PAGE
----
Forage Storage Alternative and Strategies
Published on Tue, 07/18/2017 - 9:57am
Forage Storage Alternative and Strategies
By Michael F. Hutjens
Take Home Messages
• Forage storage systems must maintain nutrient quality.
• Evaluate the cost per ton of stored forage based on your herd size and future herd size plans.
• Testing silage for fermentation characteristics can determine if quality silage has been preserved.
• Use of research proven silage inoculant is recommended for all silage.
Storing forages is an important decision for Illinois dairy managers. Several systems are available and should be evaluated by managers. The following factors should be considered.
• Initial and annual costs to store forage
• Herd size
• Optimizing forage quality (harvested and stored)
• Feed delivery system
University of Wisconsin agricultural engineers reported silage storage costs including capital investment and annual costs at various herd sizes. The analysis included hay silage stored in eight different systems (Table 1). Capital costs included structures and equipment used in filling, storing, and emptying the hay silage. No transportation, harvesting, or moving feed to the animals were included. Silos and gravel pads had a life expectancy of 20 years while equipment was assumed to having ten years of life expectancy. Annual costs include capital costs, labor, plastic coverings, fuel, and dry matter lost during storage. Forage (hay equivalent basis) was valued at $85 a ton (alfalfa-grass based forage). Tractors were assumed to have other uses besides forage storage and allocated on a proportional basis to handle forage storage. Table 1 summarizes total capital and annual costs per ton of dry matter at two different quantities of stored dry matter (four amounts were calculated in original report).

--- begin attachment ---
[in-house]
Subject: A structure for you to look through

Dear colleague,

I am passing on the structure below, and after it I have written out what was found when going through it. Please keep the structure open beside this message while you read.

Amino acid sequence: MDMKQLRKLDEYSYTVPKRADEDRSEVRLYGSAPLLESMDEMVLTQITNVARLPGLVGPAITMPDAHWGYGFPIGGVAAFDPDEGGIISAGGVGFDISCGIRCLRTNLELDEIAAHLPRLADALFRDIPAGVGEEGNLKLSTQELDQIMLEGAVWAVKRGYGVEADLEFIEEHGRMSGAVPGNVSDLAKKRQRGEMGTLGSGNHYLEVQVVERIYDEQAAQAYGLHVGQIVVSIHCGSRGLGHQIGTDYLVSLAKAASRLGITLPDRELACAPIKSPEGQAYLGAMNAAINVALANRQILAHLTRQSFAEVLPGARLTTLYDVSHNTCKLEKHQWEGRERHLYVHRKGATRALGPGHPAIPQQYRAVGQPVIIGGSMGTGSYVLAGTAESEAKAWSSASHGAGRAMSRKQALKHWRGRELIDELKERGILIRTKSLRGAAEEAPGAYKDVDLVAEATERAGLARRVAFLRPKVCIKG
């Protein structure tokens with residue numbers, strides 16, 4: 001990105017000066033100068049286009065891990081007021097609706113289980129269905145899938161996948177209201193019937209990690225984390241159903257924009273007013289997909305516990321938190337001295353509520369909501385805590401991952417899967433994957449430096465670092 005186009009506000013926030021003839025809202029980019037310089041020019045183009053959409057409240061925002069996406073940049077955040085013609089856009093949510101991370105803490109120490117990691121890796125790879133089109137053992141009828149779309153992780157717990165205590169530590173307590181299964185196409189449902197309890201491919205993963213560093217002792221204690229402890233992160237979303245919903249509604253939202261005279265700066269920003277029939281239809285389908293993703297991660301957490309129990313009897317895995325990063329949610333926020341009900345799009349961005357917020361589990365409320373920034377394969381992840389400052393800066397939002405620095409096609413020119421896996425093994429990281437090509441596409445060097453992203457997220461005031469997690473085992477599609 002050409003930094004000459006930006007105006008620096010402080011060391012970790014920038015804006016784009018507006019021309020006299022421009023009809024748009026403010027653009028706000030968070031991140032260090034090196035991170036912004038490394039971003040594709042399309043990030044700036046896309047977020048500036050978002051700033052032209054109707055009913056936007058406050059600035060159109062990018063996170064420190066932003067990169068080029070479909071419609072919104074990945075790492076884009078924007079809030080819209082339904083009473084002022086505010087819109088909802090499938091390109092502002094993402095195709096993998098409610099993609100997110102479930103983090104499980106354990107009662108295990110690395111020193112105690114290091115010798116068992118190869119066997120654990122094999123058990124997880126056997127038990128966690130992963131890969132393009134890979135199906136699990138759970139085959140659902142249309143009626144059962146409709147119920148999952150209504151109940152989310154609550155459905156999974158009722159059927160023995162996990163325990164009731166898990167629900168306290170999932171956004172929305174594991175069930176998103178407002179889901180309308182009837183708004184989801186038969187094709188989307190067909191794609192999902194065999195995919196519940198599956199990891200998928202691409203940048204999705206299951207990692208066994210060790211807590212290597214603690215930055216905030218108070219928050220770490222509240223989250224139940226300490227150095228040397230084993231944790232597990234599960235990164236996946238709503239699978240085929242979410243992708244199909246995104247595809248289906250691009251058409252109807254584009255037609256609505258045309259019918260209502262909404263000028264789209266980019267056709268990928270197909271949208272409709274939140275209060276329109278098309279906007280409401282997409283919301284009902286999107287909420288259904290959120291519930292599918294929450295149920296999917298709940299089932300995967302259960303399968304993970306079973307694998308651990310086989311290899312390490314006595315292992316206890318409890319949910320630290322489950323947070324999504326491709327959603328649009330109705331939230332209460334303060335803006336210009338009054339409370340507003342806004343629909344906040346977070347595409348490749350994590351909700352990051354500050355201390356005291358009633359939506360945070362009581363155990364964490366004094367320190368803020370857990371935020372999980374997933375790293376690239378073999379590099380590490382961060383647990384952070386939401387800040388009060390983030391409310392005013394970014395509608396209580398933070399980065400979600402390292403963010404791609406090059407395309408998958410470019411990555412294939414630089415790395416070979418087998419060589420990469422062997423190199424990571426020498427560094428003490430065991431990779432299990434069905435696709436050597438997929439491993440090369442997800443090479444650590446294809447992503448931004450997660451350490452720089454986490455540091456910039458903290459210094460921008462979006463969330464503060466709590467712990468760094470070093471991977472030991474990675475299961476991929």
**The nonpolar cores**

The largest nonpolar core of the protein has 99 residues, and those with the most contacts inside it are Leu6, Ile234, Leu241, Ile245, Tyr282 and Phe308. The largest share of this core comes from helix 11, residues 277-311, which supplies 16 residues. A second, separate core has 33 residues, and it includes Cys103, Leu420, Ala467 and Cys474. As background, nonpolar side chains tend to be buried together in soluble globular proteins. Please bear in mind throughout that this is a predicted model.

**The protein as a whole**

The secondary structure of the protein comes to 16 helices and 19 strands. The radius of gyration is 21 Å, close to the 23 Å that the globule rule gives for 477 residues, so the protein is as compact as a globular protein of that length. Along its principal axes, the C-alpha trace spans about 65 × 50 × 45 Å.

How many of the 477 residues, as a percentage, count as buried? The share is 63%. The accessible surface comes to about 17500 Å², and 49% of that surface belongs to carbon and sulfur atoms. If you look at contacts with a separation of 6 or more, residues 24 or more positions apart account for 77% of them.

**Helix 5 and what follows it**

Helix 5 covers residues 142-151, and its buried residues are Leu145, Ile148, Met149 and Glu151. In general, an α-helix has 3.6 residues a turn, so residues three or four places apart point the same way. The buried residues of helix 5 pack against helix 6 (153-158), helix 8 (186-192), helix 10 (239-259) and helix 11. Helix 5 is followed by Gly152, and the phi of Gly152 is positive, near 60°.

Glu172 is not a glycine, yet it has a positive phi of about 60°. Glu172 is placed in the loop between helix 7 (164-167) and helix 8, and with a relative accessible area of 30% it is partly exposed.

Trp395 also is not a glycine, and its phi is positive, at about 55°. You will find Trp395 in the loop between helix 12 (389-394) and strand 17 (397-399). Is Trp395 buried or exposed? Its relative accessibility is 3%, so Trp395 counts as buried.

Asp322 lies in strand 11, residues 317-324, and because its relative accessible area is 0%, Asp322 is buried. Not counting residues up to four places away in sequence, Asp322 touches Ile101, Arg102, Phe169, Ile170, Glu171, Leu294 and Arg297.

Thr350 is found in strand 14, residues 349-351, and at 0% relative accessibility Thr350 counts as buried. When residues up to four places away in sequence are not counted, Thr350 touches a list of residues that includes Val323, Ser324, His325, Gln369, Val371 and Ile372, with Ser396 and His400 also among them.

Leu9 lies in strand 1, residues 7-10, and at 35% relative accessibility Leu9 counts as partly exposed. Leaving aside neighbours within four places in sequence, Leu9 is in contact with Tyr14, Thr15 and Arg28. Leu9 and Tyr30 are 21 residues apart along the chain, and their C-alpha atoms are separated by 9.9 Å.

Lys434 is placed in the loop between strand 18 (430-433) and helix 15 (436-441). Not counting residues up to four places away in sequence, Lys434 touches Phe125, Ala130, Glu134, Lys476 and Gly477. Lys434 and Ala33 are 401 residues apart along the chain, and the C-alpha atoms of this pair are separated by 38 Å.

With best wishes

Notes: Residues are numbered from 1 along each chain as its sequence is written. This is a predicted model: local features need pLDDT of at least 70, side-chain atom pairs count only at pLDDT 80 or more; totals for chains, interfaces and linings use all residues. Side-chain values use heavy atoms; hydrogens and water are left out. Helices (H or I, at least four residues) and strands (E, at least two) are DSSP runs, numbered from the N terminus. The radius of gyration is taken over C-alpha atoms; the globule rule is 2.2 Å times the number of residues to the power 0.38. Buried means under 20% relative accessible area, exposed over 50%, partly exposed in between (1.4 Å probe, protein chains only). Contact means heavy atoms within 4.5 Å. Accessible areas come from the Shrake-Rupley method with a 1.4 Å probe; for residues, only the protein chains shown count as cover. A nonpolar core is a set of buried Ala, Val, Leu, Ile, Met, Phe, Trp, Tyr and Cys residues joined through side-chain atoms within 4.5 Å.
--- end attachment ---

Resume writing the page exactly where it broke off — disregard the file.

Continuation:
Capital cost per ton of silage dry matter was highest for new steel oxygen-limiting structures compared to other systems. If refilling occurs with steel oxygen-limiting units (1.5 to 2 times annually), costs will be reduced. Used oxygen limiting and cast in place structures were similar. Silo bags, silage piles, and wrapped bales had the lowest investment. No significant economics of scale occurred above 758 tons of dry matter (other storage amounts evaluated were 1536 and 3072 tons). Capital cost per ton can be important on farms where capital is limiting due to expansion and/or existing debt.
Annual costs reflect the yearly cost to store forage. Oxygen-limiting structures were highest while wrapped bales, bags, and packed silage were lowest. Again, no economics of scale were reported above 768 tons of dry matter. Good management is needed to achieve values in Table 1. Dry matter losses in storage were estimated to be six percent for oxygen limiting units, 10 percent for concrete stave and bags, and 13 percent for piles, bunkers, and wrapped bales. If dry matter losses in bunker silos increase to 18 or 24 percent, the annual cost increases to $49 and $55 per ton of dry matter for 384 tons of stored feed (similar increases occurred at 768 tons).